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Kaiser Chiefs - Yours Truly, Angry Mob

2007-06-01 09:26
If music were just music, there’d be a lot to like about Kaiser Chiefs part II. But music is also a part of a rather scary thing called marketing, and that doesn’t work in the Chiefs’ favour this time around.

The concept of Yours Truly, Angry Mob is that the album is a sort of letter addressed from the Angry Mob – you can tell by the way the Chiefs stare angrily from the cover. They’re so angry they could just shit. And presumably they’re a mob. And the album title is like the end of a letter. See?

As far as we can tell, that’s pretty much where most of the mob angriness stops. It’s hard to imagine that the label agreed to mistake cynical britpop for angry countercultural angst, as is the case on this album. The issue does, however, raise an angry question: Is it really necessary to dress benign pop music in the colours of some sort of cultural revolution? The angry mob in question here looks more like a call to arms in the name of some historic national leader – like an army general or something.

Yours Truly, Angry Mob spends an awful lot of musical effort on rallying the troops. Almost every track on this sophomore effort is anthemic by design. There should be (fashionably-dressed) teenagers bouncing up and down in front of this stage, this dj, this hifi – hell, even this car stereo. “Everything Average Now” sounds like a commercial for some sugary soft drink, complete with laughing, smiling models on a road-trip, ecstatically washing the dust of their gap year down while dubiously enacting the “adventurous taste of fun”.

There is a contemptuous bite to that fun, admittedly. The music may be bright and singable, but the songs presented leave an off-colour tinge at the death. Maybe it has to do with the comically bitter and sometimes absurd lyrics, which feel more self-referential than is healthy: "We are the angry mob / we read the papers every day / We like who we like, we hate who we hate / But we’re also easily swayed.”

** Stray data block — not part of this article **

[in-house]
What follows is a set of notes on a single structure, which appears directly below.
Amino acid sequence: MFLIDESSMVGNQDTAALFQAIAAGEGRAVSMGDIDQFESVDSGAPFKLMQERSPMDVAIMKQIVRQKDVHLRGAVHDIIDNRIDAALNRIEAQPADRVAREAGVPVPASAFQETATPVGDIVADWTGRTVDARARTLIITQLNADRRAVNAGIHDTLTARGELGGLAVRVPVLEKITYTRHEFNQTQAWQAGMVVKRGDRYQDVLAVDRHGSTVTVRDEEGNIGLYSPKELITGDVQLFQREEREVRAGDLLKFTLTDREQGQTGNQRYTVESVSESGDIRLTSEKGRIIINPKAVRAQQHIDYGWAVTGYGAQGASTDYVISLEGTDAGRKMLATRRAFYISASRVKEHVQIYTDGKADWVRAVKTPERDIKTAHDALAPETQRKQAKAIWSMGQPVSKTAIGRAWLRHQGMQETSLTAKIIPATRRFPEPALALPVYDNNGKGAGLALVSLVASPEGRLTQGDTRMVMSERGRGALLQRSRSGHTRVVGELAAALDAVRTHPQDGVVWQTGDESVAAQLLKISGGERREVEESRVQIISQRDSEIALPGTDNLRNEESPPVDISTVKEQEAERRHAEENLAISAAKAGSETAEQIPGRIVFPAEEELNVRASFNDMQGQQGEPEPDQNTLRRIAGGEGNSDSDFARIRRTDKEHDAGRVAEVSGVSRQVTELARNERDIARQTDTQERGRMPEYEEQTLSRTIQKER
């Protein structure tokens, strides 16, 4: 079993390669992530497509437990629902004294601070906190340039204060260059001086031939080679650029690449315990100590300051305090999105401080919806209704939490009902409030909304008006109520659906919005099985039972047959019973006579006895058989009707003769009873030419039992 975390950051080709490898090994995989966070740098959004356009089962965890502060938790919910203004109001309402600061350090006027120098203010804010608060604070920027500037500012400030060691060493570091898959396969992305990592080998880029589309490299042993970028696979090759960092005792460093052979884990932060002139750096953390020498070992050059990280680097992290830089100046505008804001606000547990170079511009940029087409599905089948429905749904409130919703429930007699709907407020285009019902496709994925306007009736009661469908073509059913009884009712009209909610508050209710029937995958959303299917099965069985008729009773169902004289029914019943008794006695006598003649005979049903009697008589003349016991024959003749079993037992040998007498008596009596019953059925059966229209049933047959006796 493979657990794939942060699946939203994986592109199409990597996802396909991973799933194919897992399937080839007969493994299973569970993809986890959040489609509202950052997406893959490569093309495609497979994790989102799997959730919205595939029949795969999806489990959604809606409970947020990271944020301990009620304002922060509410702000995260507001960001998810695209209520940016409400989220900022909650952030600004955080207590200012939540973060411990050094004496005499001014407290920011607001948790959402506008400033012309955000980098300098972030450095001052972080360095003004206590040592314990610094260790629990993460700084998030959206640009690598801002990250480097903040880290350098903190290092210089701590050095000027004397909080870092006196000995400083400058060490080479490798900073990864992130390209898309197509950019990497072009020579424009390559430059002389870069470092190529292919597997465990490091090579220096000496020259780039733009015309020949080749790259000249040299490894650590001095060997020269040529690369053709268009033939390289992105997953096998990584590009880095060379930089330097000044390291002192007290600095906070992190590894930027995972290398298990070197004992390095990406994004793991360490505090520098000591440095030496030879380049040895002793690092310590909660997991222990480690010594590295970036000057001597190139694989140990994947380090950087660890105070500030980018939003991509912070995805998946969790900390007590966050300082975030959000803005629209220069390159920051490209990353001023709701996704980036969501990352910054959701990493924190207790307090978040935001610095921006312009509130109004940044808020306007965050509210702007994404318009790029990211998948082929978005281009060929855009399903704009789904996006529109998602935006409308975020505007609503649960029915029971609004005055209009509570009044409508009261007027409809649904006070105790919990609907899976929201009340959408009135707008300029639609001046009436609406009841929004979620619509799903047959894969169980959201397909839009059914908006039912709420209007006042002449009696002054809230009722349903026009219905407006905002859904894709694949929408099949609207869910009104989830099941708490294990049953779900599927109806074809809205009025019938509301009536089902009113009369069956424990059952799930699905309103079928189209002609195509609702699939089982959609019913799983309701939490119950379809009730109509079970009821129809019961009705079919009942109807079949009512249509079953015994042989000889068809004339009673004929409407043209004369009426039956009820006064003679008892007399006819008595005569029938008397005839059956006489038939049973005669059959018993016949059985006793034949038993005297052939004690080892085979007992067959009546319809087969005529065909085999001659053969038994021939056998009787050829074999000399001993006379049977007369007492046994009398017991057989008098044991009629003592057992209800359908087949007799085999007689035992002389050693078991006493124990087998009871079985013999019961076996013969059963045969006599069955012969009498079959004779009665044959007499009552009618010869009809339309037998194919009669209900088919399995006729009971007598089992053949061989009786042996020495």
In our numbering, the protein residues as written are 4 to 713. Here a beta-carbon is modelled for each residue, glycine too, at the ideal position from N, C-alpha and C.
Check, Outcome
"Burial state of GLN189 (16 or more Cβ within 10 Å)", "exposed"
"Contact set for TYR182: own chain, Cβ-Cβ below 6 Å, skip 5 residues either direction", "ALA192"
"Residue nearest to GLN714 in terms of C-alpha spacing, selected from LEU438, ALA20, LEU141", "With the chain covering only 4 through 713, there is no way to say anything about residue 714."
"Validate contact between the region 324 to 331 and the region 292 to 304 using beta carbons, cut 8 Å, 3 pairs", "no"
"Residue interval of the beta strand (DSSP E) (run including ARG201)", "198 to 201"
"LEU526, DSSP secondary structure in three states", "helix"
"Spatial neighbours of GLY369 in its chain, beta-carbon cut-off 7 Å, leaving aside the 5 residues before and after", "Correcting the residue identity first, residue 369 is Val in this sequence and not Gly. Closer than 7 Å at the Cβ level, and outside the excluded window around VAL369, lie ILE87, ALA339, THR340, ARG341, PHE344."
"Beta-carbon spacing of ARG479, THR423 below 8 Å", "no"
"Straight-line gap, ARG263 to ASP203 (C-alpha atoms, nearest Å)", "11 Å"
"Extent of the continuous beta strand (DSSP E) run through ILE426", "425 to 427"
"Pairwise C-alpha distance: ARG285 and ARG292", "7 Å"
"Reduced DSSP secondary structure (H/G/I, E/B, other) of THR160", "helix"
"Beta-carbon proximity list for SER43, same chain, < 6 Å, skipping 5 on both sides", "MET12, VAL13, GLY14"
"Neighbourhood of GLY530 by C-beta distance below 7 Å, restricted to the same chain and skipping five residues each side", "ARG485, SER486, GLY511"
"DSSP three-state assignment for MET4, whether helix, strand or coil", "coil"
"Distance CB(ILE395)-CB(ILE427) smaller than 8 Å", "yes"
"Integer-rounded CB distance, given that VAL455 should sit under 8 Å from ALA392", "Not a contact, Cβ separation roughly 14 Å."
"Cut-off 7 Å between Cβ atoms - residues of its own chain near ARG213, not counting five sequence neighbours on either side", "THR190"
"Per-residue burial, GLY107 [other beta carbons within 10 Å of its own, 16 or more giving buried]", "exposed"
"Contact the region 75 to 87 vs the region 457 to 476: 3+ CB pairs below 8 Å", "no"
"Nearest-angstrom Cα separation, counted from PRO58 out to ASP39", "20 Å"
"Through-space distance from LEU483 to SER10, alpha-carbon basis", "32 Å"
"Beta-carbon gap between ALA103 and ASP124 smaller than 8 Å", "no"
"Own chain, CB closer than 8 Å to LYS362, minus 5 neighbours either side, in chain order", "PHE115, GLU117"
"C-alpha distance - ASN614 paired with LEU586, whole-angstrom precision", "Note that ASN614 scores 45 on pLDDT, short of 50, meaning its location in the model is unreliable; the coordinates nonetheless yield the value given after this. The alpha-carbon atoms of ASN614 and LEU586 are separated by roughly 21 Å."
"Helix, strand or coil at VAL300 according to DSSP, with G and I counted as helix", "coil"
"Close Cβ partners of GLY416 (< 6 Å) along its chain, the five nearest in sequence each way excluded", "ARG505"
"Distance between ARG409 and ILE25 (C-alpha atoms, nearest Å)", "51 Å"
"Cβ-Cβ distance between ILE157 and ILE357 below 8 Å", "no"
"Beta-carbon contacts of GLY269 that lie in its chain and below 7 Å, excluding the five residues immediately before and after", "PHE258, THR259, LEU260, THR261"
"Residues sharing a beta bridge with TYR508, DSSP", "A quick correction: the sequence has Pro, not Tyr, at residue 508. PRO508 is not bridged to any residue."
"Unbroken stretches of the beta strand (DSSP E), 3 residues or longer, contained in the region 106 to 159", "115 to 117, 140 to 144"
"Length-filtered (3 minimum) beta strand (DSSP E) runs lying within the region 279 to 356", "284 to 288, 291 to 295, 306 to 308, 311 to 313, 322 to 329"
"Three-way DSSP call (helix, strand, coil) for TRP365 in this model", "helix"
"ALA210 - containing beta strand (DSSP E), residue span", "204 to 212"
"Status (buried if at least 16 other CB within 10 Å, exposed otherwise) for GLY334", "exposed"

Were I a rabid fan I’d consider that a slap across the cheek. But you’re more likely to find the (fashionably-dressed) bouncing gappers shouting this at the top of their lungs at the concert, seemingly unaware of the conceit of it all. None of this, dear friends, is worth the allusion to “rebellion”.

And yet, aside from the weird marketing strategy, there’s nothing really awfully wrong with Angry Mob. In fact, there are some corkers for your next dance party, like the opener “Ruby”, and the Spandau Ballet-esque “When The Heat Dies Down”.

Producer Stephen Street is on song as always, producing an album that focuses on the strengths of the artist. In this case it’s the ability to create hooks that fashionable teenagers will love, much like Street’s former charges The Cranberries and the similarly derisive Morrissey, ironically.

- Anton Marshall
Not quite sure why this is being sold to us as angry, rebellious music. It’s about as anarchistic as The Muppets on valium. Actually, I'd buy that record, so… yeah, wait. What was the question?

saturnz 2007-05-31 06:41 PM
nicely written This is a much better review of this album than the one I did in my blog. I was actually unaware of the marketing since I downloaded this album and didn't actually take note of the album name, song names or simply where it fits into the context of the brit music scene. I just listened to the album and enjoyed it, although it wasn't brilliant, like the two Arctic Monkeys releases, it was certainly a better sound than their first album.

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